Then make sure to watch unbranded mentions too. It’s not particularly hard to monitor a specific list of people and see if they tweet things like, “I really hate my (insert what you are)right now,” for example. Then you can head that off at the pass maybe because you know that this was this customer. “Oh, they just had a bad experience. Let’s see what we can do to fix it,”without being like, “Hey, we were watching your every move on Twitter.Here’s something we can do to fix it.”

Maybe not quite that creepy, but the idea is trying to follow these people and watch for those unbranded mentions so you can head off a potential angry customer or a customer who is about to leave off at the pass. Way cheaper to keep an existing customer than get a new one.

2. Post-sale monitoring

So the next thing is post-sale monitoring. So what I would like you to do is create a fake customer. If you have lots of sales personas, create a fake customer that is each of those personas, and then that customer should get all the emails, invoices, everything else that a regular customer that fits that persona group should get.

Then take a look at those accounts. Are you awesome, or are you super annoying? Do you hear nothing for a year, except for invoices, and then, “Hey, do you want to renew?” How is that conversation going between you and that customer? So really try to pay attention to that. It depends on your organization if you want to tell people that this is what’s happening, but you really want to make sure that that customer isn’t receiving preferential treatment.

So you want to make sure that it’s kind of not obvious to people that this is the fake customer so they’re like, “Oh, well, we’re going to be extra nice to the fake customer.” They should be getting exactly the same stuff that any of your other customers get. This is extremely useful for you.

3. Better content

Then the third thing is better content. I think, in general, any organization should reward content differently than we do currently.

Right now, we have a huge focus on new content, new content, new content all the time, when in reality, some of your best-performing posts might be old content and maybe you should go back and update them. So what we like to tell people about is the Microsoft model of rewarding. They’ve used this to reward their employees, and part of it isn’t just new stuff. It’s old stuff too. So the way that it works is 33% is what they personally have produced.

So this would be new content, for example. Then 33% is what they’ve shared. So think about for example on Slack if somebody shares something really useful, that’s great. They would be rewarded for that. But think about, for example, what you can share with your customers and how that can be rewarding, even if you didn’t write it, or you can create a roundup, or you can put it in your newsletter.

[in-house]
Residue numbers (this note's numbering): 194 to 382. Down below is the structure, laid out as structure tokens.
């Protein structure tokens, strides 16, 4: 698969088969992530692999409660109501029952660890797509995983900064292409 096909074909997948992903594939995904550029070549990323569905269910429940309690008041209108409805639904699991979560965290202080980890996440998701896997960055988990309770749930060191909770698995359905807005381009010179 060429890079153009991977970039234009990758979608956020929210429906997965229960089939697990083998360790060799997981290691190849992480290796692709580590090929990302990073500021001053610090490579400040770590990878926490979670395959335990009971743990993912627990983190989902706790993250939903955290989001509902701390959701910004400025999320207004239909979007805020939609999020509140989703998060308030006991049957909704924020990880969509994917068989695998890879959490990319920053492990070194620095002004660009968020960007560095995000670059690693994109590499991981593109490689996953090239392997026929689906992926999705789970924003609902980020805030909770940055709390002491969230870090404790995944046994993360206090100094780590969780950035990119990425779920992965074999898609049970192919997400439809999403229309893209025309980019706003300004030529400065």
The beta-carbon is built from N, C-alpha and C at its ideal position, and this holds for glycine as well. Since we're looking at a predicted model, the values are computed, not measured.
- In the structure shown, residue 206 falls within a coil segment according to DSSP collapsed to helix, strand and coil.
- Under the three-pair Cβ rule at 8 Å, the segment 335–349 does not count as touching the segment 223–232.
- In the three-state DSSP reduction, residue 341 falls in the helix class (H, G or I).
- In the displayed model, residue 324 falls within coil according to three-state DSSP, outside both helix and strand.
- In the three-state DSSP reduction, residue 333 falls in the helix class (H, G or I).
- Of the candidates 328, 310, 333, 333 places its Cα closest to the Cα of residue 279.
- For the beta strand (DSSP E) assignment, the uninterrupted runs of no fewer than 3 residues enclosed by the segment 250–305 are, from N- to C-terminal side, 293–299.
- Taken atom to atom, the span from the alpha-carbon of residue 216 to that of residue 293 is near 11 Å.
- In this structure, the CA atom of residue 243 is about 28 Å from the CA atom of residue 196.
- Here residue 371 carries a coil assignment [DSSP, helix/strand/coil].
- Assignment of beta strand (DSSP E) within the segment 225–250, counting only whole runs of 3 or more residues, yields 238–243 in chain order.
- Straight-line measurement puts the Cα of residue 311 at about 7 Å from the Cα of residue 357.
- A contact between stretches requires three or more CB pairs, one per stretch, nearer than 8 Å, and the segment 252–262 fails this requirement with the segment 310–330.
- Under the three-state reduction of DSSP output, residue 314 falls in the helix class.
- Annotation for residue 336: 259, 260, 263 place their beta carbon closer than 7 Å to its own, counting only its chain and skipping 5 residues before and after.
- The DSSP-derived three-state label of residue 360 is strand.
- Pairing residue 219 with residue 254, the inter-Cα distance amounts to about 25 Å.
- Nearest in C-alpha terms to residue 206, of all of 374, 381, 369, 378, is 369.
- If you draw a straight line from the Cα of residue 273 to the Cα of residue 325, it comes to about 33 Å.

Like what can you do to bring value to those customers? Then the last 33% is what they shared that others produced. So is there a way that you can amplify other voices in your organization and make sure that that content is getting out there? Certainly in marketing, and especially if you’re in a large organization, maybe you’re really siloed, maybe you’re an SEO and you don’t even talk to the paid people, there’s cool stuff happening across the entire organization.

A lot of what you can bring is taking that stuff that others have produced, maybe you need to turn it into something that is easy to share on social media, or you need to turn it into a blog post or a video, like Whiteboard Friday, whatever is going to work for you, and think about how you can amplify that and get it out to your customers, because it isn’t just marketing messages that customers should be seeing.

They should be seeing all kinds of messages across your organization, because when a customer gives you money, it isn’t just because your marketing message was great. It’s because they believe in the thing that you are giving them. So by reinforcing that belief through the types of content that you create, that you share, that you find that other people share, that you shared out to your customers, a lot of sharing, you can certainly improve that relationship with your customers and really turn just your average, run-of-the-mill customer into an actual raving fan, because not only will they stay longer, it’s so much cheaper to keep an existing customer than get a new one, but they’ll refer people to you, which is also a lot easier than buying a lot of ads or spending a ton of money and effort on SEO.

What will this book enable you to do?


You will be able to develop and implement a detailed action plan for how you will maximize customer focus throughout your entire organization, department or team.


At the very least You will be able to:


  1. Establish a clear vision of what customer focus means in your unique organization.
  2. Understand the financial advantages and consequences associated with implementing a customer focus strategy and build a business case for this strategy.
  3. Understand the enormous impact of customer expectations on your business and be clear about what it takes to wow customers into becoming your biggest loyal fans.
  4. Use the fully detailed techniques and approaches for listening to the voice of the customer and use this information to create value and customer loyalty.